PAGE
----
Before we get to the letter State Rep. Eric Johsnon sent Mayor Mike Rawlings this morning, let’s set the scene:
This past legislative session, State Rep. Eric Johnson, who represents West Dallas, the Cedars, and parts of Oak Cliff, South and East Dallas, introduced a bill that intended to mitigate the effects of rapid development on low income communities. That bill failed after a block of Republican legislatures, acting on behalf of Democratic legislators who didn’t want to go on record opposing the bill, moved to have it taken off the house calendar. One of the representatives who asked the Republican crew to do their bidding was State Rep. Roberto Alonzo, whose sister, Monica Alonzo, is (for a few more days, at least) the Dallas city council member representing West Dallas.
Development, displacement, and gentrification was the central issues of a tightly fought re-election campaign that Monica Alonzo lost over the weekend. Alonzo was also a staunch council ally of Mayor Mike Rawlings, who has been locked in a conflict with a low income landlord for more than a year. After the mayor moved to enforce tougher code compliance guidelines on large-scale owners of low income rental properties, the landlord declared he could no longer afford to run his rental business. He threatened to evict hundreds of West Dallas residents from their homes. At one point, the mayor suggested the landlord sell his property to an investment group that included Roger Staubach, whose redevelopment, presumably, would have followed the guidelines that are rapidly transforming impoverished West Dallas into a fashionable upscale neighborhood. Now, in a remarkable turnaround, the landlord, Khraish Khraish, is selling the homes to his renters.
While gentrification is often an insidious, subterranean force, in West Dallas it took melodramatic form — developers and politicians fighting for the fate of a neighborhood, its residents, its history, and its future on the public stage.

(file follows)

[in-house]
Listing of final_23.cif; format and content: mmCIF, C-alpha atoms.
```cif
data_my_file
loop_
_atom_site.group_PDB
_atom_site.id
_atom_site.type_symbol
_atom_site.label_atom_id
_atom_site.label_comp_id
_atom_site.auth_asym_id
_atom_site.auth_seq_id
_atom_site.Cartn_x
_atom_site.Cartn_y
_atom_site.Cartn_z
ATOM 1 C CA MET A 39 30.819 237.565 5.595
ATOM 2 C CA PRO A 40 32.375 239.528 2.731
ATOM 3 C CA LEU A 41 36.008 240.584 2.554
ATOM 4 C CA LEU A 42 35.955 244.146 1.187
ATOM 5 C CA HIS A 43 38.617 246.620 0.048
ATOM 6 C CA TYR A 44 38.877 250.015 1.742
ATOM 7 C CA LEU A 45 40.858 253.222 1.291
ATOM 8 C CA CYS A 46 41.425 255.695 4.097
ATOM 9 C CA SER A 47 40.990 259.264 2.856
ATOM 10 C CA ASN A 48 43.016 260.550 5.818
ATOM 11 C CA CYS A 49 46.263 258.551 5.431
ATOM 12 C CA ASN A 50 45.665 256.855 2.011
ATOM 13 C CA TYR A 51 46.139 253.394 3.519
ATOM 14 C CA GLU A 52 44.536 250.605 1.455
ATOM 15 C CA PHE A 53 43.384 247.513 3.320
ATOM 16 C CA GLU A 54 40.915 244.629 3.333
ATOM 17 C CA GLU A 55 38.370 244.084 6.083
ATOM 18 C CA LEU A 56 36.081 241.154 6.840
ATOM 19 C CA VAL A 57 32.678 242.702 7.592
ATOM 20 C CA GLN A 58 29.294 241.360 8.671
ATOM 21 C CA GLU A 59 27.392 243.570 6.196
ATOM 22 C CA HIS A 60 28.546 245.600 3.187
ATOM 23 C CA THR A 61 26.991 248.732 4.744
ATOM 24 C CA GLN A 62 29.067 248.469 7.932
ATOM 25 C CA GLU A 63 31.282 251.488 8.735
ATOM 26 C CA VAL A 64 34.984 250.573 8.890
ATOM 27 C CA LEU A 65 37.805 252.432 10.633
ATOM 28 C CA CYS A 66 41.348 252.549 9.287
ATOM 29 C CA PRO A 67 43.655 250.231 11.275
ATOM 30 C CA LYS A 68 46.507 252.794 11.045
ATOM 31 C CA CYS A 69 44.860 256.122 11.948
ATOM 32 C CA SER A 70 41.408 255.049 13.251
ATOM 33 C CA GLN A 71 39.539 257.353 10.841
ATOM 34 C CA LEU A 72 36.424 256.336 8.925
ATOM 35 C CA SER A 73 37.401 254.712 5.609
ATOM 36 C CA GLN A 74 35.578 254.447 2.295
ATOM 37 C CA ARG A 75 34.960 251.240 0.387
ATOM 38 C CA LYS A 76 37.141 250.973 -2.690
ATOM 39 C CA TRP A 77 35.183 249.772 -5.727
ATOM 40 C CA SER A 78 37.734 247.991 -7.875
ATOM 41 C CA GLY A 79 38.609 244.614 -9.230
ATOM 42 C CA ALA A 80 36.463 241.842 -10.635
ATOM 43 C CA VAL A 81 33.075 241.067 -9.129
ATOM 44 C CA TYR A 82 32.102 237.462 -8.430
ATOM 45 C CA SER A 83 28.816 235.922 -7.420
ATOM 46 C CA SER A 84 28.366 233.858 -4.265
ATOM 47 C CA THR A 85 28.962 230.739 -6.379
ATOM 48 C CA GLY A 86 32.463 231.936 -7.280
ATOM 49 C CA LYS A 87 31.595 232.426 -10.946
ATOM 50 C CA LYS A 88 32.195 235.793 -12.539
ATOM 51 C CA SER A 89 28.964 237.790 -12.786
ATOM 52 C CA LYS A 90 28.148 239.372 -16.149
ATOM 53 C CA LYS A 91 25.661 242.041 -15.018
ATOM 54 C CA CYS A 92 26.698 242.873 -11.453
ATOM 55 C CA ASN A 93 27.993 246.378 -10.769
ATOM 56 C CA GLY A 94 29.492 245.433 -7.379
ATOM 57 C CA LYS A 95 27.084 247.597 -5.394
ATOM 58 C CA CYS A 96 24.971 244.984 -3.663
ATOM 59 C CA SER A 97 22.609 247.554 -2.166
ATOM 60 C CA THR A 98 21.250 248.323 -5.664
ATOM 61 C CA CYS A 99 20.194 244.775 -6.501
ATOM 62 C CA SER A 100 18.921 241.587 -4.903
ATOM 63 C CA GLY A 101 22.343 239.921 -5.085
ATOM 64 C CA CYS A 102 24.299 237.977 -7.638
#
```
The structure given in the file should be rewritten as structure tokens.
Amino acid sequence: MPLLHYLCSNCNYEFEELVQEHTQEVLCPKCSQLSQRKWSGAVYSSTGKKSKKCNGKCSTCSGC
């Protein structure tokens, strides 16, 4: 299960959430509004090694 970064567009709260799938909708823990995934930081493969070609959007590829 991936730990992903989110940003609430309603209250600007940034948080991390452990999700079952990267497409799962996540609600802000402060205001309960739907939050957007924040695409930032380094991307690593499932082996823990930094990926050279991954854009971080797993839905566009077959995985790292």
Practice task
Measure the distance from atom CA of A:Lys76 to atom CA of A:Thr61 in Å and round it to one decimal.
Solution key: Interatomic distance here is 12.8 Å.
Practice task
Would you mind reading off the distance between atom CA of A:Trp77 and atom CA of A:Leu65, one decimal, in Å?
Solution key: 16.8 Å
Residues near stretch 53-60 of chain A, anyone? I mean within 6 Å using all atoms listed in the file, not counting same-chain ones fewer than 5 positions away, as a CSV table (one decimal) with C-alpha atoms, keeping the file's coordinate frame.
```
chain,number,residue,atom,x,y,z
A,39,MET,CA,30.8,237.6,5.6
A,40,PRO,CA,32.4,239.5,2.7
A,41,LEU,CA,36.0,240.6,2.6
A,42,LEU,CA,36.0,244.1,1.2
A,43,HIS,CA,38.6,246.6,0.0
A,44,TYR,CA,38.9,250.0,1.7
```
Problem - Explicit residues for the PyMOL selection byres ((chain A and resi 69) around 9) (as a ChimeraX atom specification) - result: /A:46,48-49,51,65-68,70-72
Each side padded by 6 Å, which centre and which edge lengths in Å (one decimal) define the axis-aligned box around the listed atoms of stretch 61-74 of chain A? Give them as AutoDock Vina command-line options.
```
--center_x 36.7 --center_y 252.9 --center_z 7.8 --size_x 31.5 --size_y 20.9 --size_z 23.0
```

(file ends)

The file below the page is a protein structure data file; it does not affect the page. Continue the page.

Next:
Now, largely because of that fight in West Dallas and its impact on the election, the Dallas city council has a completely different makeup. Less than a year ago, it wouldn’t even support a measure that would have forced landlords to accept housing vouchers. The mayor, has lost many of his allies on council.
That all serves as the backdrop for this letter that State Rep. Eric Johnson sent to Mayor Mike Rawlings this morning. It asks the mayor to take up his fight for creating measures to to “provide relief to residents involuntarily displaced as a result of gentrification.”
“Gentrification, which has often resulted in such displacement when it has occurred throughout the United States, is a complex phenomenon that needs to be better understood if it is to be undertaken without causing significant harm to longtime residents of areas like West Dallas, South Dallas, and Oak Cliff, all of which I represent in the Legislature,” Johnson writes.
Johnson then goes on to say that, while his legislative effort failed, the city can still move to adopt three policies that could mitigate the effects of gentrification. You read the whole letter here, but here is the meat of it:
Fortunately for the City of Dallas, my failure as a legislator does not have to be your failure as a mayor. I humbly request that you consider taking the following actions as soon as possible:
1. Form a task force on gentrification. This task force should comprise primarily residents of the areas most threatened by displacement due to gentrification – West Dallas, South Dallas, and Oak Cliff – but should also include academics specializing in gentrification and affordable housing policy, affordable housing real estate developers, and other relevant experts. Task them with consulting House Bill 2480 and other national best practices and recommending to the Dallas City Council new ordinances and policies to address the issues House Bill 2480 attempted to address.
2. Adopt a policy requiring a study before building in or near “housing insecure” communities. The City of Dallas should consider implementing a policy requiring that any major infrastructure project such as a signature bridge, deck park, or other large scale improvement that has been proposed to be built in or near a “housing insecure” community be studied to ascertain what impact the project will have on the availability of affordable housing in the surrounding area and the likelihood the project will result in the involuntary displacement of low income residents.
3. Adopt a policy of moving forward with building only if there is a relocation plan. The City of Dallas should consider implementing a policy that any project that is expected to reduce the availability of affordable housing in the surrounding area or displace low income residents cannot begin construction until a relocation plan has been adopted by the City of Dallas. Further, it should be the City of Dallas’ policy that such relocation plans must prioritize options that will keep displaced individuals in their communities over options that would require these individuals to move out of their communities
Your move, Mayor Rawlings.